But I think Arya's sheer awesomeness may be blinding people to the fact that she, for example, has people who annoy her killed. Or casually kills a guard who was on her side in the war, but would have stopped her from stealing some horses. If one of the not-awesome male characters killed someone on their own side, we'd find them monstrous, but it's Arya, so it's cool.

The thing is, given the choice, I'd much rather be Arya or have her as my daughter, than be or birth Sansa, who is an idiot.* But as a teacher, I seem to prefer teaching the Sansas to fight to teaching the Aryas to seriously, stop stabbing people, or at least do so more strategically. Which is, in some ways, reinforcing the value of being Sansa. Having spent some time complaining that my high school resented me because they had a saving people thing and I didn't need to be saved, this feels hypocritical. I worry that I enjoy teaching my girls violence because they're so cute when they do it, and that by teaching them a skill that requires cuteness to be socially acceptable, I'm inadvertently reinforcing the cuteness>

Digression the third: One of my mom's better parenting moments was when she told me (age five or six) that you don't get strong, assertive women from cute, compliant girls, and my parents were going for the strong assertive woman. I forget what the context was, my first guess is I mouthed off to a teacher, and I think but don't remember for sure that the lesson was "seriously, don't do that one thing you just did, but keep the spirit that led to it, and if you screw up again, no biggie." Seven or eight years later she added some subtlety to this, noting that the costs for being too assertive are immediate and obvious, but the costs for not being assertive enough are dispersed and delayed. So better to start off too assertive, because you'll correct faster and suffer less in the long term, even if right now it feels like you're being punished.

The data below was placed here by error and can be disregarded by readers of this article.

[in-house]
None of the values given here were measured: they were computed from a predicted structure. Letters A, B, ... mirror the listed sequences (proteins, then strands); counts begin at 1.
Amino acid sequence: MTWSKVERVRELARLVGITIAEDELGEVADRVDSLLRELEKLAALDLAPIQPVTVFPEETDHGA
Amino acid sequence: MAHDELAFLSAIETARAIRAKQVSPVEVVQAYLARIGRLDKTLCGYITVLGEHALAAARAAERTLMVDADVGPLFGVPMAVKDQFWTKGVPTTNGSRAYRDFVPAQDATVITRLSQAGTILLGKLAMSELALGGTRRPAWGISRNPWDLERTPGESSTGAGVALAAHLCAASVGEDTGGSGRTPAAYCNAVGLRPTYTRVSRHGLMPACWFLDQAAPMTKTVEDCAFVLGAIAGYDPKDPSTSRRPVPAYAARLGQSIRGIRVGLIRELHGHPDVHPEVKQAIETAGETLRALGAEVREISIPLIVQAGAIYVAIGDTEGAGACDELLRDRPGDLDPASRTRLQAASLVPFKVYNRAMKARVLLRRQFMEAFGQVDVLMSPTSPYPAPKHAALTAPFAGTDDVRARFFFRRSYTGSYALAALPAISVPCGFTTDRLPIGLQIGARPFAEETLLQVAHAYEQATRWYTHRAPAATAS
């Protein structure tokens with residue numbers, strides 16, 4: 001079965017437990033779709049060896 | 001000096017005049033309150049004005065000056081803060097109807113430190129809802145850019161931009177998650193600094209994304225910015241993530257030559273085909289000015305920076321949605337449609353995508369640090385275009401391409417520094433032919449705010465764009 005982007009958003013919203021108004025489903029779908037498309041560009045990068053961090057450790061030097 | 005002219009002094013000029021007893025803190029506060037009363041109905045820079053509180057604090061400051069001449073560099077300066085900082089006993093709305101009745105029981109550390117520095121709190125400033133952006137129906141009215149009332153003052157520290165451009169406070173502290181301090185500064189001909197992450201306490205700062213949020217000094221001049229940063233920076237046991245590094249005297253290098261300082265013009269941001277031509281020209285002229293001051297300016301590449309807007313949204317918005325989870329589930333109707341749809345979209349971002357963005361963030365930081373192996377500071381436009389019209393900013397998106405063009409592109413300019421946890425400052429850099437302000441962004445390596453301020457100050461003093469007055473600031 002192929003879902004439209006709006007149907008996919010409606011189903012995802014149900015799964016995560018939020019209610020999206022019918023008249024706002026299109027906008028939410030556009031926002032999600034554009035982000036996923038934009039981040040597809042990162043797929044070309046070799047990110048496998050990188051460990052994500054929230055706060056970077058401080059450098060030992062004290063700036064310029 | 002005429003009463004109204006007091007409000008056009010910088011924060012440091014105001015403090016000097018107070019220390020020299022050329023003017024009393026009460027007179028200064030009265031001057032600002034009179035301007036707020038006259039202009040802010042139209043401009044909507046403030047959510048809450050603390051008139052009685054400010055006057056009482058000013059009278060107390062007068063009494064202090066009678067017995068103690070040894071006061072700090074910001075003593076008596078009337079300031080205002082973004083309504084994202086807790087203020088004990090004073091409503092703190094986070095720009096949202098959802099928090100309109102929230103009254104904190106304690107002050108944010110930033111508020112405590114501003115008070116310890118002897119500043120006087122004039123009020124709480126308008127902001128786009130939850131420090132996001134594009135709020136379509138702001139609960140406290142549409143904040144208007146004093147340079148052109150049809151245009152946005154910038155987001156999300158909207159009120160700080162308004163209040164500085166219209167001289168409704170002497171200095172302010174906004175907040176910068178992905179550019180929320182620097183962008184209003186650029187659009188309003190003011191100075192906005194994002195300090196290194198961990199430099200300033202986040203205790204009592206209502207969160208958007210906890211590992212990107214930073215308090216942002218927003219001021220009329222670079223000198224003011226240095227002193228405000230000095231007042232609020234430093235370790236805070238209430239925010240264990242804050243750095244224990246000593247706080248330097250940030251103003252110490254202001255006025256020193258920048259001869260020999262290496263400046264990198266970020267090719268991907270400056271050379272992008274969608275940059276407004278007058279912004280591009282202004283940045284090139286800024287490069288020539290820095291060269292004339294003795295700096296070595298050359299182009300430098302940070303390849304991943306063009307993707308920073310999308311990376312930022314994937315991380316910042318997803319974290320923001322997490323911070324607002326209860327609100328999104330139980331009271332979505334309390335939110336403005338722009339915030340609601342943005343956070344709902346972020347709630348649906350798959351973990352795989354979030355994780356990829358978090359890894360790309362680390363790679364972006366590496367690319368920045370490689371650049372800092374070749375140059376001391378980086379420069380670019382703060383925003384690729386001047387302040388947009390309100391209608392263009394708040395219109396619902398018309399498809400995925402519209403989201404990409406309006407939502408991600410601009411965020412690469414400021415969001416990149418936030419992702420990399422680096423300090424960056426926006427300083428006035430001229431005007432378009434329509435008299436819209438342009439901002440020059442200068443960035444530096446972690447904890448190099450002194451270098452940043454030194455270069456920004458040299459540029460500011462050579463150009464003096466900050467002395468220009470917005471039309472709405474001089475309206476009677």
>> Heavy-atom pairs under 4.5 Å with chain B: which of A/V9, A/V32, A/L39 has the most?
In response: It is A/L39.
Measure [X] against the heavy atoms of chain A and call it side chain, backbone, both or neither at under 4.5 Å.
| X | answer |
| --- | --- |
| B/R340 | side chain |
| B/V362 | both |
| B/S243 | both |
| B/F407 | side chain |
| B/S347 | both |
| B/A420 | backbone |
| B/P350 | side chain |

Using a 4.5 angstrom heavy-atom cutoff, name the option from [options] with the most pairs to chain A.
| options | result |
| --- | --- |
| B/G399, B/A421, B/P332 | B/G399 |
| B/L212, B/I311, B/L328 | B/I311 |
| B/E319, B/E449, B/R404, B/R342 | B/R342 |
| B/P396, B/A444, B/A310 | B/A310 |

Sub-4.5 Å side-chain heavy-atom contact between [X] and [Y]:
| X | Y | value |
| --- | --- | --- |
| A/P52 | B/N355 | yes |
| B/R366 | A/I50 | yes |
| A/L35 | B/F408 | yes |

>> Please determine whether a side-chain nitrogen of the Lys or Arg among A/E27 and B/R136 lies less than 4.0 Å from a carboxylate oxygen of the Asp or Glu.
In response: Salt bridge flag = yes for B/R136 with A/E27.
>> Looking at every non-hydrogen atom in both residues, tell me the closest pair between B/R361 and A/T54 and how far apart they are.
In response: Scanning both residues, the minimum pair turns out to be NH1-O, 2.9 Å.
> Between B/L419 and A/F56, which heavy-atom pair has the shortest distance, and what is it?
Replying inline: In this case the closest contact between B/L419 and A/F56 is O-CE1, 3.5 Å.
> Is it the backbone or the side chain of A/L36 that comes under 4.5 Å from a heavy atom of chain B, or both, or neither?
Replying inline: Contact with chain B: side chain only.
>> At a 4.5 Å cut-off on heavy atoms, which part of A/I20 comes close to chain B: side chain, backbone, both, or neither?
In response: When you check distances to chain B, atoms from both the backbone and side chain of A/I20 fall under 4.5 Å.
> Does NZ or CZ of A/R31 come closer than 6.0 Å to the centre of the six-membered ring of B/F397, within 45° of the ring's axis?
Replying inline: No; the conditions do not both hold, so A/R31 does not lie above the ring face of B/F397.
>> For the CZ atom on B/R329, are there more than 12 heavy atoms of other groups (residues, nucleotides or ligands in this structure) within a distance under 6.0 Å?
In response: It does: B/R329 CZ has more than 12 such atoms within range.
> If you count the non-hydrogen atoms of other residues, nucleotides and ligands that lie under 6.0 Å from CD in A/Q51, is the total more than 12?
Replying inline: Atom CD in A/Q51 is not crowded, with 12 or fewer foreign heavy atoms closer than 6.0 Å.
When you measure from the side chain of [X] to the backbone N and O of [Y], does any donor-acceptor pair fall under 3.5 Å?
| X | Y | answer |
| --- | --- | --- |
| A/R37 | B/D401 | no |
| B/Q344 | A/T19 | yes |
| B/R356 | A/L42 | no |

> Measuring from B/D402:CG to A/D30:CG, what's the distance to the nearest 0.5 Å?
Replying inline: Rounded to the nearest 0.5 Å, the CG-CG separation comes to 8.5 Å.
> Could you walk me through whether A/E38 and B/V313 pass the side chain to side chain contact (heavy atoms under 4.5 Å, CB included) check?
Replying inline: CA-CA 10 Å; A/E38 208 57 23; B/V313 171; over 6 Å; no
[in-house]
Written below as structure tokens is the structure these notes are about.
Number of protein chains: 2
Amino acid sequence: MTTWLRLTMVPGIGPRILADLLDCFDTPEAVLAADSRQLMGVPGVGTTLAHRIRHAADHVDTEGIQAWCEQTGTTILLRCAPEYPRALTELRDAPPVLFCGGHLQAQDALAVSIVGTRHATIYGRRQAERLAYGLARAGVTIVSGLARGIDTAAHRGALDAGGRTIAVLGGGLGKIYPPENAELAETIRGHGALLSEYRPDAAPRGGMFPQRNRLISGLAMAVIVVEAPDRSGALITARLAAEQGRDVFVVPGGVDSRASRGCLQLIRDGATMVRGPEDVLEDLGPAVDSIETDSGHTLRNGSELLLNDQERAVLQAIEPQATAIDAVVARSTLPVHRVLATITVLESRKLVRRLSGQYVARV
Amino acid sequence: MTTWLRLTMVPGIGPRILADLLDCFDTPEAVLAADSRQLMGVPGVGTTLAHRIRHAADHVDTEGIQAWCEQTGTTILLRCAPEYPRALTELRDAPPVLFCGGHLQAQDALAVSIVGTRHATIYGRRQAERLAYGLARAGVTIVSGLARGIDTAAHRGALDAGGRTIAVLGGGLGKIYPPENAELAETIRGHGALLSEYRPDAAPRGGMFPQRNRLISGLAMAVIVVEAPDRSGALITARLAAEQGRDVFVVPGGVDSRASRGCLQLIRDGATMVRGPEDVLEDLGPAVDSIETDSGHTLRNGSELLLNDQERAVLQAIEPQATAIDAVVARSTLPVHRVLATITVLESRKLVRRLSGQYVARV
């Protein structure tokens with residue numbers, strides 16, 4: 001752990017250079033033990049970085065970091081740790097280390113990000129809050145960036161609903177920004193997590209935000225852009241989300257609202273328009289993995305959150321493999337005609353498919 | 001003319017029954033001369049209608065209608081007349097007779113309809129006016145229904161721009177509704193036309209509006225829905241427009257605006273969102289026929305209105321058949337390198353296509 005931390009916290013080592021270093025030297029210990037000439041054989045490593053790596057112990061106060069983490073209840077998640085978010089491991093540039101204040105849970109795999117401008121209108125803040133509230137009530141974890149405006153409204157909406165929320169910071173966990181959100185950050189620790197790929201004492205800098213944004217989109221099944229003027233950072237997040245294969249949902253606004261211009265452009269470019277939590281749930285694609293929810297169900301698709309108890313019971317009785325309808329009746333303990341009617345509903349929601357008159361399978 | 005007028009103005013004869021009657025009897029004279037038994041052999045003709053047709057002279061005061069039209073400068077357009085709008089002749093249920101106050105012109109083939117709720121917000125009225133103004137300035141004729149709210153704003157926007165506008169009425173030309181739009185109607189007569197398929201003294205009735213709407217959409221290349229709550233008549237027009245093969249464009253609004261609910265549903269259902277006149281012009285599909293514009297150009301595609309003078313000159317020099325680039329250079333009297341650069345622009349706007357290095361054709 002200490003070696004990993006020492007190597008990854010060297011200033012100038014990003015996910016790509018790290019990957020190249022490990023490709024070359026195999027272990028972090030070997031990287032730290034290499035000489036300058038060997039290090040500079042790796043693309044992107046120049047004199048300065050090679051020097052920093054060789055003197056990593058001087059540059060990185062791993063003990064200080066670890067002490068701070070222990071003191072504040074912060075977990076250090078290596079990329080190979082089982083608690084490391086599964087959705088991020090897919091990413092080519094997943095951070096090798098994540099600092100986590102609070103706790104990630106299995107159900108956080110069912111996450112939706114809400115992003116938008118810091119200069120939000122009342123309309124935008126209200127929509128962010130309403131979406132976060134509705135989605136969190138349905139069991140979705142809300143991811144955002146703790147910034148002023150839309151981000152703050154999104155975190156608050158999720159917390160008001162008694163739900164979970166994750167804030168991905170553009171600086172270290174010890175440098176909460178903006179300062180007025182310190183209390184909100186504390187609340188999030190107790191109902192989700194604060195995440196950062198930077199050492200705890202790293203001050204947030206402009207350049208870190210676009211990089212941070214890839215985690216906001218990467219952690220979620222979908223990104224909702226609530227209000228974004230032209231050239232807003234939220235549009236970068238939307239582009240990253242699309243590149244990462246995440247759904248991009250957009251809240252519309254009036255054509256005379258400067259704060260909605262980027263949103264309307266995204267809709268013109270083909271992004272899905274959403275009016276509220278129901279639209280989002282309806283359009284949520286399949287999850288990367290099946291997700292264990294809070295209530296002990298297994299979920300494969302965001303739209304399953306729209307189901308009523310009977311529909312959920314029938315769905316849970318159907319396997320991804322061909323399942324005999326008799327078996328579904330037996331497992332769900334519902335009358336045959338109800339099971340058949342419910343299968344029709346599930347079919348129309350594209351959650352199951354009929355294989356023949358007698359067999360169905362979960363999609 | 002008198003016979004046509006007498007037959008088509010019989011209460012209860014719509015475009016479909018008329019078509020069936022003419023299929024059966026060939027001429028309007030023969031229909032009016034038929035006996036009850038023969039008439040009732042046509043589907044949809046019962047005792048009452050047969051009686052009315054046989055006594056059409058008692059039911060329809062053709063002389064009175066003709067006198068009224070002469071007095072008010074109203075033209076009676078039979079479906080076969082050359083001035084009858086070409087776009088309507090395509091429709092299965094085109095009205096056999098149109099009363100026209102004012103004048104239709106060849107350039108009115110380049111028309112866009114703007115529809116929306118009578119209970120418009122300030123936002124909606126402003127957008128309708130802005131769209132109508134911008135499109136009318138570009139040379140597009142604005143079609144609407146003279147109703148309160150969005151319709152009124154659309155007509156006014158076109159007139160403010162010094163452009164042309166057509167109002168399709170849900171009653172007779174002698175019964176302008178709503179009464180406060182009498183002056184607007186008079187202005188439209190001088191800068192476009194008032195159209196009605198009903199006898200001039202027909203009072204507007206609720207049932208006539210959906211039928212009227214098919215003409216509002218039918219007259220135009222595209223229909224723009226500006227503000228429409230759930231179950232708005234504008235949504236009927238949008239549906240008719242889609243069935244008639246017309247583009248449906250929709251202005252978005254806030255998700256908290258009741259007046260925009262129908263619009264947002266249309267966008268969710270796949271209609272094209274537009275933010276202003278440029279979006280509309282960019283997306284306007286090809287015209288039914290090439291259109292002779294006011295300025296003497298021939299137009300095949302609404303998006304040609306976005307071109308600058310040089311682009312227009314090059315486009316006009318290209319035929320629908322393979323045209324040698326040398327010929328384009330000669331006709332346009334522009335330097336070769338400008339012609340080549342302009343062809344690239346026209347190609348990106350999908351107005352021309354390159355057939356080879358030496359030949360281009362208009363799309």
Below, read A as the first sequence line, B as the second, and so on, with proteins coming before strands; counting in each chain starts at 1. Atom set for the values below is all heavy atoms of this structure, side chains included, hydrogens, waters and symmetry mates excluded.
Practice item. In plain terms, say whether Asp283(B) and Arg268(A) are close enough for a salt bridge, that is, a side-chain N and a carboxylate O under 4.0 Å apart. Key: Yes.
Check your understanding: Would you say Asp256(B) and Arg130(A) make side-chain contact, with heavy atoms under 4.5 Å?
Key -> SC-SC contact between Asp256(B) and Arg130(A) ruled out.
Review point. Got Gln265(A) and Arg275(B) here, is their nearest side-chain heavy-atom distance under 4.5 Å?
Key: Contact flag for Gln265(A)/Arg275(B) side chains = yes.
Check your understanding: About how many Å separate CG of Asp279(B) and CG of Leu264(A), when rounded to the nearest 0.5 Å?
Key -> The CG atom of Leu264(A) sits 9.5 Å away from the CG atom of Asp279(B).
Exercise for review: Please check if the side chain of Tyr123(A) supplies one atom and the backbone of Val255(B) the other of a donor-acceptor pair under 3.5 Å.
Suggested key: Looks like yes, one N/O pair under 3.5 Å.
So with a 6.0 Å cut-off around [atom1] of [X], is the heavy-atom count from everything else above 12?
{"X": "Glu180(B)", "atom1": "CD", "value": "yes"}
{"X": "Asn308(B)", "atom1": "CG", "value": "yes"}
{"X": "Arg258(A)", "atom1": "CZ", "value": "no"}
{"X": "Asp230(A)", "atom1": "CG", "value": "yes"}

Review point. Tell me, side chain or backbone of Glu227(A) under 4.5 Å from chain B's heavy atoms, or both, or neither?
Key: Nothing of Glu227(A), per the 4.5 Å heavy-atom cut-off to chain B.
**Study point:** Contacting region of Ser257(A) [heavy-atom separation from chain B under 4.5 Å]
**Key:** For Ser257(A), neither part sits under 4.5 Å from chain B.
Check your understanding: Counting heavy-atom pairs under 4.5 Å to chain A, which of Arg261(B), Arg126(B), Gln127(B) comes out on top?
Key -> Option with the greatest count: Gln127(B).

So I want to create an environment where my students can not only become strong and assertive, but one where it's safe to overshoot, while at the same time remembering that assertiveness and aggression are not the same thing. Without letting them hurt their fellow students, physically or emotionally. And still be fun to teach. While coping with the fact that they still don't know left from right.

*This is false. Were I an actual noblewoman I would undoubtedly prefer my daughter be like Sasnsa, because the culture will crush Arya and she would bring shame upon our family. But as a modern woman, go Arya!
pktechgirlbackup: (Default)
There's a category of progress that is "you know, it would be better if this didn't exist, but if it does, it should be distributed equally." For example, it would be nice if no one felt pressure over their looks, but having both sexes feel it is in some ways better than having just women feel it, because then we aren't penalized on the job for the extra time it takes. It's not ideal, but you go to culture war with the army you have.

It is in that spirit that I say: Bridesmaids and Baby Mama are not particularly good movies, and are so much more predictable than movies about things never before featured in movies should be, but I am glad they exist, and I sort of wish I'd paid money for them.* I will give a dollar to support movies that show women's primary goal as something other than a man, even if they both did incidentally pick up the perfect man. It helps a lot that both films genuinely had their moments, and Bridesmaids had Melissa McArthy, who needs to be given several movies right now.**

*One was library, the other was Redbox with a promo code.

**I liked her on Gilmore Girls, but she had more to work with here and she has a range that should be standard for actors but sadly isn't. I may need to check out her suspiciously awful looking current series, Mike & Molly, or at least leave it running on my computer while I'm at work.
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I dislike the practice of women changing their last name upon marriage, but only in the aggregate. In any individual case, I can see the merits: yes, it is lovely for both of you to have the same last name, and practical to have the same last name as your children. Changing both your names to something new would be inefficient*, and of course your name is the less interesting/harder to spell/more associated with an asshole father/would cause no end of problems with your in laws/has less professional significance. The fact that some of these reasons are near-opposites, and that somehow men never have abusive fathers they want to distance themselves from, indicates to me that in the aggregate what we're seeing is a society that devalues women's names relative to men's, but in any individual case, it's an individual case.